This article was first published in Urban Nomads website.
As I came down the dizzying heights of Jebel Khazali, the most dramatic, and serious – in terms of climbing difficulty – of the Wadi Rum mountains, I drank in this vast, silent expanse of ancient riverbeds and sandy deserts.
Split by a network of canyons, spanned by naturally formed stone bridges and watered by hidden springs, the spectacular landscape unfolding before my eyes held me captivated. This timeless place, virtually untouched by humanity and its destructive forces, where the weather and winds have carved out imposing, towering skyscrapers, so elegantly described by T.E. Lawrence, as “vast, echoing and God-like,” possesses one of the most stunning geographies on the planet.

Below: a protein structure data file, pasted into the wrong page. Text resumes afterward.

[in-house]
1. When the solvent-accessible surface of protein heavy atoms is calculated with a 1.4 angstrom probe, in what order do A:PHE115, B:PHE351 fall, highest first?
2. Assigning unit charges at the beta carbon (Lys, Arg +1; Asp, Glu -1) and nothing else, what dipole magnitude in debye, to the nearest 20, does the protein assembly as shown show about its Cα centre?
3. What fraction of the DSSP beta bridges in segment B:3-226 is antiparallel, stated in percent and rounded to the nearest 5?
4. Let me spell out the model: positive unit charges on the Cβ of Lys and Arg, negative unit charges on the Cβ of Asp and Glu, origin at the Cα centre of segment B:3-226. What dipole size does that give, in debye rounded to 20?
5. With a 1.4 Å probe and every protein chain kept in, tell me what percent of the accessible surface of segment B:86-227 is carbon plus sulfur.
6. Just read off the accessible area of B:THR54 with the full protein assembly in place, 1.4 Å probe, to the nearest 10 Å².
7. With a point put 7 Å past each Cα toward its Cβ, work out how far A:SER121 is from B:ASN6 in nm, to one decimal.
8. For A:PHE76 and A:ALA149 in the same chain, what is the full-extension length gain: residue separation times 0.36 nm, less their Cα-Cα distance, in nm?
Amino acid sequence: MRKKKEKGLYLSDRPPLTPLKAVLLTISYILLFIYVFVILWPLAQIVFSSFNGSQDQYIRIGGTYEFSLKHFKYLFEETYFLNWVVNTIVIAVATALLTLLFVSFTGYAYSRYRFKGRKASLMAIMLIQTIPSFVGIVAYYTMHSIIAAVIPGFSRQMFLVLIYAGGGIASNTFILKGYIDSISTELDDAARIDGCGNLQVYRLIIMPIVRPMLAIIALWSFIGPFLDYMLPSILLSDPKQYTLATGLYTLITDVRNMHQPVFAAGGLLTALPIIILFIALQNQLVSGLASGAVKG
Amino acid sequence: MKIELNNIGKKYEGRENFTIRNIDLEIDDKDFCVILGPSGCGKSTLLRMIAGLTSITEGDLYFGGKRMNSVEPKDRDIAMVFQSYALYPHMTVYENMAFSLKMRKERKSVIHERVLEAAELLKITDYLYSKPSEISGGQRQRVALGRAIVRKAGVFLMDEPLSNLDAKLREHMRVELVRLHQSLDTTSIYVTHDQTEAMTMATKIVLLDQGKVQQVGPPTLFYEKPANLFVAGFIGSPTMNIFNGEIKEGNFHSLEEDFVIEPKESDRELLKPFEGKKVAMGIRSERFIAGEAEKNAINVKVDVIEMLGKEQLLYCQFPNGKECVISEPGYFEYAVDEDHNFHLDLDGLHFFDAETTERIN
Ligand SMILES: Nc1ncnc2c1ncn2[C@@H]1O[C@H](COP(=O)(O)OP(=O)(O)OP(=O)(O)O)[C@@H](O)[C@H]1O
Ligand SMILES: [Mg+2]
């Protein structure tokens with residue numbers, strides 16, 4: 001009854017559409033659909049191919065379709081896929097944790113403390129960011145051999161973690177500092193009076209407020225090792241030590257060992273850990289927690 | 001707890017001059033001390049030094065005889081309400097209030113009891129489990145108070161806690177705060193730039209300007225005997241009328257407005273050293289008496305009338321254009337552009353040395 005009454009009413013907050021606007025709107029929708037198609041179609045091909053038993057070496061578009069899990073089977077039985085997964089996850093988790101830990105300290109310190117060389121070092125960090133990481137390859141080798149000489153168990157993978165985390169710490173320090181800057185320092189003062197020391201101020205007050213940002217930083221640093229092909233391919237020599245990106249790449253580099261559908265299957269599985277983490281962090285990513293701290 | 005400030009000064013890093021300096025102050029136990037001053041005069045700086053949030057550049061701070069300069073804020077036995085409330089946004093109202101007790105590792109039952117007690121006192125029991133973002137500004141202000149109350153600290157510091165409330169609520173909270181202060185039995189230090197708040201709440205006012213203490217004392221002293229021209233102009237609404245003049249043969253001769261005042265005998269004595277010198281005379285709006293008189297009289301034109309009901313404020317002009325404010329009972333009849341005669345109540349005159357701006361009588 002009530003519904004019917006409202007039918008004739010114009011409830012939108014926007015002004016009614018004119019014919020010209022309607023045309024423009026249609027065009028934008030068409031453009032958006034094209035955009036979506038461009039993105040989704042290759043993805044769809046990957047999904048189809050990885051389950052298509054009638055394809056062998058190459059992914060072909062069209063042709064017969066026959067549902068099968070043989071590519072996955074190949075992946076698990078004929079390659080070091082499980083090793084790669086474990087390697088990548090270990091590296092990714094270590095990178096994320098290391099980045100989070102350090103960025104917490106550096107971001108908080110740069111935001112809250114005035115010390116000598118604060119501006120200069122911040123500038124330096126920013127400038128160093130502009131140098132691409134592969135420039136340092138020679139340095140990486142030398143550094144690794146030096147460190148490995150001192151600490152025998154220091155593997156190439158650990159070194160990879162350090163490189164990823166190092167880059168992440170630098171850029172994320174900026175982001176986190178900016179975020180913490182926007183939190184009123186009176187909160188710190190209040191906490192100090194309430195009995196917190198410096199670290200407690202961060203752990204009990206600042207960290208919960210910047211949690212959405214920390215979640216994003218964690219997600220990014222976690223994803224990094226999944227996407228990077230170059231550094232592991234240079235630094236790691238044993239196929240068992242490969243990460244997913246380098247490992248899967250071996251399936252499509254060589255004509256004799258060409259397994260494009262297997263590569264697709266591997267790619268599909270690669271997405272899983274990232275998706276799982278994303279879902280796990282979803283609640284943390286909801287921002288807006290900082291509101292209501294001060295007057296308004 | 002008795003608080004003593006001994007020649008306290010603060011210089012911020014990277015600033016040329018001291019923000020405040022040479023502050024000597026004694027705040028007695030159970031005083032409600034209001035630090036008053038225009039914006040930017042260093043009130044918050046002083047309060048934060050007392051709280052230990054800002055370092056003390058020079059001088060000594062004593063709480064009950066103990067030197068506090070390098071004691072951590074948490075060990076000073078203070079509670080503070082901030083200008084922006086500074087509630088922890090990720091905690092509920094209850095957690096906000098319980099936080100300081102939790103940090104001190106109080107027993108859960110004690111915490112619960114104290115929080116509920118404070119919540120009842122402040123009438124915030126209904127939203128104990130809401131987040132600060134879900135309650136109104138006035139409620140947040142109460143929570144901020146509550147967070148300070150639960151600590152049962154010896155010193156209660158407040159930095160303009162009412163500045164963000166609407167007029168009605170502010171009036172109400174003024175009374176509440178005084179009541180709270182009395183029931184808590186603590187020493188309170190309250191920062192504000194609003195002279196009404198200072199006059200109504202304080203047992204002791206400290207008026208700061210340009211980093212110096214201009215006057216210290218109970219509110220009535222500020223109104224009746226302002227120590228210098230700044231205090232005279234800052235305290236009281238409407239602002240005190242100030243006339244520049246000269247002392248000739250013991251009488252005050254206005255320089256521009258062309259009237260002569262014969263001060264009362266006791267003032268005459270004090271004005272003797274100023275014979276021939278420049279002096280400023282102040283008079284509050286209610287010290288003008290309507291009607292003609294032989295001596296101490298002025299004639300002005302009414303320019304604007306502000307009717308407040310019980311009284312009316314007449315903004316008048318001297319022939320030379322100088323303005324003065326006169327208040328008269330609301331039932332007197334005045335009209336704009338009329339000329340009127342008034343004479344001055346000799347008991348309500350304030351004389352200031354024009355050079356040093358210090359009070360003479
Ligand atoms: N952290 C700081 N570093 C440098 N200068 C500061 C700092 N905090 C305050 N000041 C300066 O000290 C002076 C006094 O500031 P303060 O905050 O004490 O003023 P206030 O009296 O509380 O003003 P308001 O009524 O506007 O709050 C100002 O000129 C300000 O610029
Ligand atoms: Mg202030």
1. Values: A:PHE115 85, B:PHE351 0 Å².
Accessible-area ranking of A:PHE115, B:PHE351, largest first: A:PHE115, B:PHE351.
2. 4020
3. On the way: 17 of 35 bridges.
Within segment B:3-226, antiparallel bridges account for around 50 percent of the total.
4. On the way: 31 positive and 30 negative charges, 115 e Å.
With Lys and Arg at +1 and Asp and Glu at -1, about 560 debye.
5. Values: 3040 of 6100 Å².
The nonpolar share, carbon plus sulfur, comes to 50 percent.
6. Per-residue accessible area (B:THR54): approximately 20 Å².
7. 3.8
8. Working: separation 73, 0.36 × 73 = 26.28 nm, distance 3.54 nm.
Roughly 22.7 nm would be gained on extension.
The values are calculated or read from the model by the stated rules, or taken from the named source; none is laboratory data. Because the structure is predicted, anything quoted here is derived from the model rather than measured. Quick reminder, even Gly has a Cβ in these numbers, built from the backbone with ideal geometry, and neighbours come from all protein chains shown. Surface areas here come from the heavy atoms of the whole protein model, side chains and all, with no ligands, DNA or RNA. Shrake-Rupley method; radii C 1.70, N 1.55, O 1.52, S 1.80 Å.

During this majestic journey, I trekked in a maze of monumental moonscapes, which rose up from the desert floor to heights of 1,750m. I relished the serenity of the boundless empty spaces, and explored the canyons, rock arches and many other remarkable treasures this vast wasteland had to offer.
Undoubtedly the desert of Jordan has cast a spell on me. Its beauty forever imprinted on my soul, and as a result I will always carry this fervent yearning to return…